Meanwhile, celebrations can prompt the urge to drink a toast. Examples are birthdays, weddings, and holidays. You can stop at one drink. Still, your brain and body will crave more. That’s the force that fuels addiction.

Coping Tips

To avoid binging at a happy gathering, designate a buddy. Explain that you’re coping with addiction, trying to resist the pull of alcohol. Then, ask your buddy to stop you if you reach for an alcoholic beverage, reminding you of your goal.

Telling Physical from Emotional Triggers

Coping with triggers involves discerning physical temptations from emotional ones. Here’s how they differ.

  • Physical – External stimuli that launch the desire for drugs and alcohol. Examples are places, people, and activities you associate with substance use.
  • Emotional – Internal catalysts tied to your thoughts and feelings. Emotional triggers can be subconscious, undetected by your awareness. Thus, they can take more work to recognize, process, and handle.
See also  EMDR and Brain Health

Coping Tips

Whenever you crave drugs or alcohol, identify whether the root is a physical or emotional trigger. Labeling it will create some distance, lessening its power! Then, practice the coping skills above and those you’ve learned in outpatient treatment.

If you’re still struggling, contact a supportive friend or family member. They can coach you through the urges until they pass, which they will shortly.

Then, discuss how you handled coping with triggers in your next therapy session.

Making a Relapse Prevention Plan

Prepare to overcome relapse triggers with a written action plan. An outpatient counselor can help you create one. In the meantime, here’s how to get started.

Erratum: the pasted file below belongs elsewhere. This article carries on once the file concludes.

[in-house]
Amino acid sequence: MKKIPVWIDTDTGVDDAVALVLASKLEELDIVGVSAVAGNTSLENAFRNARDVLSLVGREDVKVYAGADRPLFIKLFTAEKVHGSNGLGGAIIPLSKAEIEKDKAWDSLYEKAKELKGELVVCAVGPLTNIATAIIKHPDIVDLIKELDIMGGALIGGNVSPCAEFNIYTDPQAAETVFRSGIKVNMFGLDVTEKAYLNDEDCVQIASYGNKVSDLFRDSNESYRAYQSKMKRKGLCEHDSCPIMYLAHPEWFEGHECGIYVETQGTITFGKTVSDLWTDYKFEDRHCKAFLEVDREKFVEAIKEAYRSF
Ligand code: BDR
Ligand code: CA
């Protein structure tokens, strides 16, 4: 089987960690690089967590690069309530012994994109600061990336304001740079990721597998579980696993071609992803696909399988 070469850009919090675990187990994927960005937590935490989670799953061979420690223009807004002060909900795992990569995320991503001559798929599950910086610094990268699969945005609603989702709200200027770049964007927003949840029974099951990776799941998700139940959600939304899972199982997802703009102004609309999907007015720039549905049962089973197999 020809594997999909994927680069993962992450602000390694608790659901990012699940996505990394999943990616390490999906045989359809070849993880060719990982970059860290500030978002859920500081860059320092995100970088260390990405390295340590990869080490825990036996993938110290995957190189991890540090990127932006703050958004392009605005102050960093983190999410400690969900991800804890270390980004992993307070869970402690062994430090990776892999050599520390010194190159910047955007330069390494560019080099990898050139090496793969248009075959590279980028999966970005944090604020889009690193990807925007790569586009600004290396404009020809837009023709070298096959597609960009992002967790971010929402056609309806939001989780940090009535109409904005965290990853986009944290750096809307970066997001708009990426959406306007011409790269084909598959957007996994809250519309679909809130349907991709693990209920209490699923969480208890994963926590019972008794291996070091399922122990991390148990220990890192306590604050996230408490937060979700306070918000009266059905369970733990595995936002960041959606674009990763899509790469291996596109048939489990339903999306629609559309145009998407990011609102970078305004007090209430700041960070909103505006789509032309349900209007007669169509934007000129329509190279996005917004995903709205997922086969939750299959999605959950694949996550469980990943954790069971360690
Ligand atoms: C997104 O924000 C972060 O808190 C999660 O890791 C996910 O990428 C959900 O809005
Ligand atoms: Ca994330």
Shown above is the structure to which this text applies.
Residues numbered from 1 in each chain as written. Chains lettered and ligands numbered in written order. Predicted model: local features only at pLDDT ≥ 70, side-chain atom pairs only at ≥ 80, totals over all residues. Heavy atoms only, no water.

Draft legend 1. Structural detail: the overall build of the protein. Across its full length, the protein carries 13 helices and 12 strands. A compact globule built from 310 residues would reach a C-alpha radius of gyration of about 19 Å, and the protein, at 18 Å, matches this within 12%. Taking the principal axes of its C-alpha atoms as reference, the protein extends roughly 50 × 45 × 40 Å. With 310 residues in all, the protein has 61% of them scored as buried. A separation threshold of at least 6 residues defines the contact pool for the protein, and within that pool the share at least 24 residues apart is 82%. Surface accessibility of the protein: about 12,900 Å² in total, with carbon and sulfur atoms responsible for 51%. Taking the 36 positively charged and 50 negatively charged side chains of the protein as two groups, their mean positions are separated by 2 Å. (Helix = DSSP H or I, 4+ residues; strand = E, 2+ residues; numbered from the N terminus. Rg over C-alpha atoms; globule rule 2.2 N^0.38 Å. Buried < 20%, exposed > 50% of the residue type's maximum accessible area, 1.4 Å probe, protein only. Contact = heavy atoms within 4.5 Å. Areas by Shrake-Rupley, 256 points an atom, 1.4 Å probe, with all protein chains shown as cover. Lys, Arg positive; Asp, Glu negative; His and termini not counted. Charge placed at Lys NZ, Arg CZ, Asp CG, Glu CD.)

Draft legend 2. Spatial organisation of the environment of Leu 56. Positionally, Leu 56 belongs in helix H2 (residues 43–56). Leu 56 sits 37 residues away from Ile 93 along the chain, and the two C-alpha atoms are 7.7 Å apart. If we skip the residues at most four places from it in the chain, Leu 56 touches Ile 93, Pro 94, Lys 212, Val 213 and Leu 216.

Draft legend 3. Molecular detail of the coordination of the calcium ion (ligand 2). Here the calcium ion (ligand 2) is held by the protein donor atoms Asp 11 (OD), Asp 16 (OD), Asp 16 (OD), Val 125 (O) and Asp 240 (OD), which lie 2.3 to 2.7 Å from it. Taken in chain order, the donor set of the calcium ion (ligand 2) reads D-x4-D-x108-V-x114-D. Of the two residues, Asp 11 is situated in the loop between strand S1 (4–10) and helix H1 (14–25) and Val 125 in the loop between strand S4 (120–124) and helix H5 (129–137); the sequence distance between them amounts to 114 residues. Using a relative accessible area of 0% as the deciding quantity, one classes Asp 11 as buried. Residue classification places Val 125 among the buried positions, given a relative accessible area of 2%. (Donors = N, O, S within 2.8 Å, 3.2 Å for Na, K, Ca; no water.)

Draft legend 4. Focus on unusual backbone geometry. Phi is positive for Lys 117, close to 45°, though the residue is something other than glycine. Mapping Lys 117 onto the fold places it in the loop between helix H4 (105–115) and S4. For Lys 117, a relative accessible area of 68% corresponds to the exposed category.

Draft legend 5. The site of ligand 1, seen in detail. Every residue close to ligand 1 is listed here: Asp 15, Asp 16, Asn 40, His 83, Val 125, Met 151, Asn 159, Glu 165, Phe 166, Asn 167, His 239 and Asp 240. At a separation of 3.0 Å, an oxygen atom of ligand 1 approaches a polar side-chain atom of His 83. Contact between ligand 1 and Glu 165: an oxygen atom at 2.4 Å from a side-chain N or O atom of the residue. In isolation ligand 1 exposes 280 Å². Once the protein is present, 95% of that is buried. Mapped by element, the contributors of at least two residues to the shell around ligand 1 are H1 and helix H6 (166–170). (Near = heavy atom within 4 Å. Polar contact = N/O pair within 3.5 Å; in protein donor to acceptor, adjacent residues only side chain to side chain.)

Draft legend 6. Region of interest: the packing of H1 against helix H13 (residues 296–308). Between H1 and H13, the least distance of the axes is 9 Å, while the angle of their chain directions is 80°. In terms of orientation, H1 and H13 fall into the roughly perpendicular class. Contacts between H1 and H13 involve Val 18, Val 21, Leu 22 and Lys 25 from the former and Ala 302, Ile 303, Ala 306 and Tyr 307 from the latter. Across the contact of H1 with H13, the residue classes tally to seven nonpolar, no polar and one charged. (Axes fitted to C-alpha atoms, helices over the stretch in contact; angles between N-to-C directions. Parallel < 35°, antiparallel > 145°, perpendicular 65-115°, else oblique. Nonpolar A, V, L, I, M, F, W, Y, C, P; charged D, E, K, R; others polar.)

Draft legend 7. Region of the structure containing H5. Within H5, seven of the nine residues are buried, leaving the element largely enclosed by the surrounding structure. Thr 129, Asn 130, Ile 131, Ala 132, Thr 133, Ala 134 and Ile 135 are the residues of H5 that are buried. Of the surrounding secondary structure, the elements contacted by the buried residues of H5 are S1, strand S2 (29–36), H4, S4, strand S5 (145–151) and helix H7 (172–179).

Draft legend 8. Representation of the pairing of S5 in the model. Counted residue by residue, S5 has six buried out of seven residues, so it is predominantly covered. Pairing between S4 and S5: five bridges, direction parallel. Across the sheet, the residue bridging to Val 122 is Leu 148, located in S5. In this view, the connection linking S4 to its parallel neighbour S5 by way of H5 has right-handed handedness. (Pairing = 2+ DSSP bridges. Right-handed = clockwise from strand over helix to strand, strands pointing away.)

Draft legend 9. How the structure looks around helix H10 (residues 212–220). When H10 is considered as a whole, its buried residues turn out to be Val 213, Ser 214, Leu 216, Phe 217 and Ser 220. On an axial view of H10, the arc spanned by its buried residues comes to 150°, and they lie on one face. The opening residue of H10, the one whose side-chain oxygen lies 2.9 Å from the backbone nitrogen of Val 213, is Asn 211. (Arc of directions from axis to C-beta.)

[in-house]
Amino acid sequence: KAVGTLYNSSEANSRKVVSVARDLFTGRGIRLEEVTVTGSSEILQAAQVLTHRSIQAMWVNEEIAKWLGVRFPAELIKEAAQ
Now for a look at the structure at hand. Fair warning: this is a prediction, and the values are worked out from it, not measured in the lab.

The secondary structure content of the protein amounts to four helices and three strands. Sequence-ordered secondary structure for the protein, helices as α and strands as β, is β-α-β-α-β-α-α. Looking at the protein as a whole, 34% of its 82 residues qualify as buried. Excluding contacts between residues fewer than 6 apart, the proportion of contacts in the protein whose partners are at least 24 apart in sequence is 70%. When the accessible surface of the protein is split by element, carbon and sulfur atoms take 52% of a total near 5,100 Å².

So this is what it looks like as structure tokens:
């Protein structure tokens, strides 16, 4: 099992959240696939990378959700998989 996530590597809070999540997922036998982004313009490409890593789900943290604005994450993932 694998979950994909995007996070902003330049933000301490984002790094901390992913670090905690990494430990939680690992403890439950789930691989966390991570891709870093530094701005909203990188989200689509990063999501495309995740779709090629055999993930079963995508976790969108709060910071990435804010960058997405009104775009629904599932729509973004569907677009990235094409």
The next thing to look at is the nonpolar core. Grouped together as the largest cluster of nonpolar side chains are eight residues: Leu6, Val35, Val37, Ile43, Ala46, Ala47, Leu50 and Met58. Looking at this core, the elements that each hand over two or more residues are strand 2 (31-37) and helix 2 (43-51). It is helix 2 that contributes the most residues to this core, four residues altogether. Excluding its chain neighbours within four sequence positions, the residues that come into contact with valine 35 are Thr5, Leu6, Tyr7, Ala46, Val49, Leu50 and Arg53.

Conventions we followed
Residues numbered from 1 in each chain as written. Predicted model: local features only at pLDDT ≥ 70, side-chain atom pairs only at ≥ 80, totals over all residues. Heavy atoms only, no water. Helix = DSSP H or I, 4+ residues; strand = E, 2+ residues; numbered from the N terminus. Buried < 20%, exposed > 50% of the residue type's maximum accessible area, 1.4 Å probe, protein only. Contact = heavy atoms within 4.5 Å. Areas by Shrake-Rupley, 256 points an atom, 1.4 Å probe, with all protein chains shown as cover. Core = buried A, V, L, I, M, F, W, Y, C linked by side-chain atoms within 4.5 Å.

1. On a piece of paper, make four columns with these headings:

  • Triggers
  • Type
  • What to Do
  • Whom to Call/Phone Number

2. Complete each column.

Here are some examples:

  • If you’re frustrated, an emotional trigger, switch your focus to something pleasant, such as gratitude for a particular friend.
  • If you’re in HALT mode, also internal, write how you’ll resolve feeling hungry, angry, lonely, or tired.
  • At celebrations, a physical temptation, note that you’ll find a buddy.
  • Get some exercise to avoid a former user or an external trigger.

3. Include a person’s name and phone number in your support network.

Keep this list handy, referring to it as needed. Eventually, your freeing responses will be automatic!

Your Addiction Recovery Ally

Mind Body Wellness is a leading outpatient treatment center in Franklin, Tennessee. Our successful program combines traditional and holistic therapies to heal you emotionally, physically, and mentally. Our caring professional staff will help you achieve lifelong sobriety.

We treat mental health conditions, including bipolar disorder, chronic anxiety, and depression. We also specialize in co-occurring disorders like PTSD, eating disorders, and ADHD.

Call us today at 615-637-1532. Let us assist you in coping with triggers in recovery.